WE WERE THERE: The Supermoon Eclipse (Part 2)

This is the second (and final) part of a document of what my friends, family, and Weird Sisters experienced during the supermoon eclipse this past Sunday. Read the previous accounts here.


Credit: parentherald.com

 Lexi, Brooklyn, NY


Where were you when you watched the eclipse? Who were you with? How did you feel?
I watched the eclipse outside my house, but actually, seeing the moon high in the sky turning red and blacking out did not make a huge impression on me.  What does bowl me over, again and again, is seeing a huge, bright yellow harvest moon rising.  That’s what will stick with me from the night of the eclipse.

My wife and daughter and I were walking past the lake in Prospect Park when we noticed the full moon rising.  It was unexpected and special.

Did you listen to any music?
I thought this question was silly, and then I realized that, yes, I did!  I saw the moon and remembered hearing a band play Neil Young’s Harvest Moon at my friend’s wedding last month.  “Because I’m still in love with you, I wanna see you dance again. Because I’m still in love with you, on this harvest moon.”  I grabbed my wife’s phone and played Harvest Moon on Youtube on the phone speakers so my daughter could hear it too.  I sang along in the park and felt silly and romantic.

I thought about the autumn equinox and all the special names for moons.  And how hard it can be to be a “weird sister” in New York and care about things like mythic names for moons, and the power of the changing seasons.

My wife is an eclipse junkie and will certainly be tracking the next lunar eclipse (not to mention the total solar eclipse in August 2017!).  But me, I’m looking forward to next month’s “Hunter’s Moon.”  Give me a big, bright, witchy “wow” anyday.


NYC Supermoon photographed by Cathy de la Cruz


Kyle, Brooklyn, NY

I’m in my neighborhood, housebound with a bad cold that seems to say, “Fall is here, son.” Drained of energy, I go out for more cold medicine around when the supermoon peaks. The night before, unable to write (type) because I had cut my finger on a serrated knife, I had seen a mobster movie alone in a theater, eating popcorn with my un-bandaged hand. Because of the movie, I expect the moon to be bloodier. It keeps hiding behind clouds, and I crane my neck to see it. My body does not cooperate. I’m an Aries, and I can’t tell whether the Aries super blood moon is supposed to all but anesthetize me, or if pharmacology has one over on the eye in the sky. On my way back from CVS, I run into some neighbors sitting on their stoop. I say hello to a guy I know well from the neighborhood, and we stand there together for a while and watch the moon recede into the night glow above the roofs. The streets are quiet like after a snow, until somewhere on the block, someone asks, “Is it gone?”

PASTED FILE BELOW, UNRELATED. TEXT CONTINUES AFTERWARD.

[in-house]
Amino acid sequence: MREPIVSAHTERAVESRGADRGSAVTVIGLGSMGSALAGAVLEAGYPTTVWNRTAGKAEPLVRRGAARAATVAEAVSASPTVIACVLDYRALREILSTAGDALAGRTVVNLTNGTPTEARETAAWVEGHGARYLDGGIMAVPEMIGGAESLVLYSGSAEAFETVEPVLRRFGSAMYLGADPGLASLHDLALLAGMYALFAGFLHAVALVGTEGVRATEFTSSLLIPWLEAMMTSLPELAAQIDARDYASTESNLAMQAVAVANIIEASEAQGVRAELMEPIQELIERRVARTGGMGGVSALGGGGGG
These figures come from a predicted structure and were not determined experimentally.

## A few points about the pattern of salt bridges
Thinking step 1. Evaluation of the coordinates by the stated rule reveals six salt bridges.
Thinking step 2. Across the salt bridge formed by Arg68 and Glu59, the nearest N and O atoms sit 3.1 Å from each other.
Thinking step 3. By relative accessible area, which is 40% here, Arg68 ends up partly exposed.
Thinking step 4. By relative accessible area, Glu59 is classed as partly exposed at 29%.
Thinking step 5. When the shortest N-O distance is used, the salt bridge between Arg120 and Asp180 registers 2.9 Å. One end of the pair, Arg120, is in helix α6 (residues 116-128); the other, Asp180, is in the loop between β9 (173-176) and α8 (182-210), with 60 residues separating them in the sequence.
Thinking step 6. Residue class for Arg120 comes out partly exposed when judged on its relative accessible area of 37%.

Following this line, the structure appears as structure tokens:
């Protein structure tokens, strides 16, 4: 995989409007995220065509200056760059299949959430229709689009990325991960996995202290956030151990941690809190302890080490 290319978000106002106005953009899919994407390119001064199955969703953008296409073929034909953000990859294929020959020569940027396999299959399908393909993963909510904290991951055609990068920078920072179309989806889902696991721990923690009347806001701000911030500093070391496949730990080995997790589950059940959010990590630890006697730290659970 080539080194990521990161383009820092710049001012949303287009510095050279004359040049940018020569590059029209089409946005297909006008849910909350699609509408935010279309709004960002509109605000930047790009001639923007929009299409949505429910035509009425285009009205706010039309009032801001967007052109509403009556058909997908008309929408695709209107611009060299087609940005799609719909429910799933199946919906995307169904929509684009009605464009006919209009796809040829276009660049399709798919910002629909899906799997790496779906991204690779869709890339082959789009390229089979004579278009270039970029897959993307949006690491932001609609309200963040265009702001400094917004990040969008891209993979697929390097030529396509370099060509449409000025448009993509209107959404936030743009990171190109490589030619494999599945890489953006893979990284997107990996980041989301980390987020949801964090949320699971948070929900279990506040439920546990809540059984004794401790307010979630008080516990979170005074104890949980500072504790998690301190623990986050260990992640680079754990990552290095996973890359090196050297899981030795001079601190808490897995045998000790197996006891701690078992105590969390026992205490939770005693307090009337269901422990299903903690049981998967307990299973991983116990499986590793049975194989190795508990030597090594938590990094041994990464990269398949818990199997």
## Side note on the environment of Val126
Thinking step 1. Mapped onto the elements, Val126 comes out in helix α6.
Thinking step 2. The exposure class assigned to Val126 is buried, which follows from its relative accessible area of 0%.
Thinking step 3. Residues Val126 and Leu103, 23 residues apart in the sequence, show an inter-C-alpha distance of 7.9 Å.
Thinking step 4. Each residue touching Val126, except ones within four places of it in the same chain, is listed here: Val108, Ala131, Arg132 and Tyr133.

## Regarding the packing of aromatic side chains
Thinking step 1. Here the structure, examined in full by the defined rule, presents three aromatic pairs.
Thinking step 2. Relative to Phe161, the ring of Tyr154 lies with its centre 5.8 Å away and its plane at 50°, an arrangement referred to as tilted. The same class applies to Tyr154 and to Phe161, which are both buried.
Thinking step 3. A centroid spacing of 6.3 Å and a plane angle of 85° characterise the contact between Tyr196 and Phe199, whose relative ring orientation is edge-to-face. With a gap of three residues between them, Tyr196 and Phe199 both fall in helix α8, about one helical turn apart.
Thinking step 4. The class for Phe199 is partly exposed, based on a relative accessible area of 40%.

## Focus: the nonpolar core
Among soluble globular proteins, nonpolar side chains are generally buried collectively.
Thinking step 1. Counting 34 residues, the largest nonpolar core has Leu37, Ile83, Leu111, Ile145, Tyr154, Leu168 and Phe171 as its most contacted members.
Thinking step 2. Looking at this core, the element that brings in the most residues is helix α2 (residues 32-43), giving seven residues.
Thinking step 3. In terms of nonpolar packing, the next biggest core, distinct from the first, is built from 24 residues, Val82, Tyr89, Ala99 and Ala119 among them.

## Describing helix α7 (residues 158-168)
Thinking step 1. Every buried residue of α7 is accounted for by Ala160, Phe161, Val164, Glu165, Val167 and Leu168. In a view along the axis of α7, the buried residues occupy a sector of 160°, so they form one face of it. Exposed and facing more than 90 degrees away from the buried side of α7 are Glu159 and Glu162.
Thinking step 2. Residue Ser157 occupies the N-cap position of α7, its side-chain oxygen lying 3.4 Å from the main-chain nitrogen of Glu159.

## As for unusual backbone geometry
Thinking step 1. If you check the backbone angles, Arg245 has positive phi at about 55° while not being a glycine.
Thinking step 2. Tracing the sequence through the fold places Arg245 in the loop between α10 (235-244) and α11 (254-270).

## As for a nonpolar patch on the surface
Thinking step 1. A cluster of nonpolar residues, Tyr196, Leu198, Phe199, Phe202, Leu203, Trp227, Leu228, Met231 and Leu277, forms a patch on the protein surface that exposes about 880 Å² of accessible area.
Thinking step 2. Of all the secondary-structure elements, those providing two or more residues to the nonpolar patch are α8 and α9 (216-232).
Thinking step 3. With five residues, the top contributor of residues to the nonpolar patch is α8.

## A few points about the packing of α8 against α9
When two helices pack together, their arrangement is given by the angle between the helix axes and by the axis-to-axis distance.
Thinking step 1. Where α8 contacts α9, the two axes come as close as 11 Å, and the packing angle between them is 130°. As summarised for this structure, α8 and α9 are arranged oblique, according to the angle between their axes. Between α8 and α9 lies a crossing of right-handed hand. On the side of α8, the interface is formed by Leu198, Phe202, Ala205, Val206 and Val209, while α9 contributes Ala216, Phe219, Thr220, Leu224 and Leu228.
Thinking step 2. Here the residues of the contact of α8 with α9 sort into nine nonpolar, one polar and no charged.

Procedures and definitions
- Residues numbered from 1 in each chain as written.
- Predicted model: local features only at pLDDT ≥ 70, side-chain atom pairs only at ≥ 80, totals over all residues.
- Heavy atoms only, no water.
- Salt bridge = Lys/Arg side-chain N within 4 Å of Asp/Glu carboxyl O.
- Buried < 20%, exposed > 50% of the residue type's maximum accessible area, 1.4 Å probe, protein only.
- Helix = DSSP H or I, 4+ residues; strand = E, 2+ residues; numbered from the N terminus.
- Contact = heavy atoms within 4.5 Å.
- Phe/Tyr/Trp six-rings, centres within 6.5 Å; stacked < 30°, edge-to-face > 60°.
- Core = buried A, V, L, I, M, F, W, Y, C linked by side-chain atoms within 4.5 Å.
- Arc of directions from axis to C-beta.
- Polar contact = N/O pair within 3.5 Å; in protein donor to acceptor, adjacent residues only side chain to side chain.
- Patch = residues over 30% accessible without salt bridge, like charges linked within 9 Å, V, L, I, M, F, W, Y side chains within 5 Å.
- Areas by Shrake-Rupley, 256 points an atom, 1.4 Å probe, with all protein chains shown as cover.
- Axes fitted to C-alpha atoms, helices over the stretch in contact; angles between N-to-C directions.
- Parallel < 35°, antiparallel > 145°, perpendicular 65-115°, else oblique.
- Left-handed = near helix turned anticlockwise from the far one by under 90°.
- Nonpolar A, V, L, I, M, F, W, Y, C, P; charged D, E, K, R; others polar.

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Colorado Supermoon photographed by Mark

Lizzie, Colorado Springs, CO

Where were you when you watched the eclipse? Who were you with? How did you feel?
I was in a commuter parking lot near campus that sits at the top of a hill, with my husband Mark. It was pretty cool. I did feel a sense of vaguely disappointed community with the small amount of cars with us in the lot to watch the eclipse – why weren’t more people there with us? Why wasn’t everybody??

Did you listen to any music?
Nope. We did sing some songs though. I sang some of Dar Williams’ “Calling The Moon” and Mark sang some of TMBG’s “Nightgown of the Sullen Moon.”


How do you think your life will be different now that you have had this experience?
I don’t think my life will be different, except in the way that any vivid memory changes the physical composition of your brain and thus your life.

Where or how or with whom do you hope to spend your next lunar eclipse?
I just hope I get to share the experience with somebody again. I once woke up housemates because there was an astronomical event going on and I was the only one there and I wanted to share it with somebody. That probably wasn’t a great thing to do, but… they were missing it…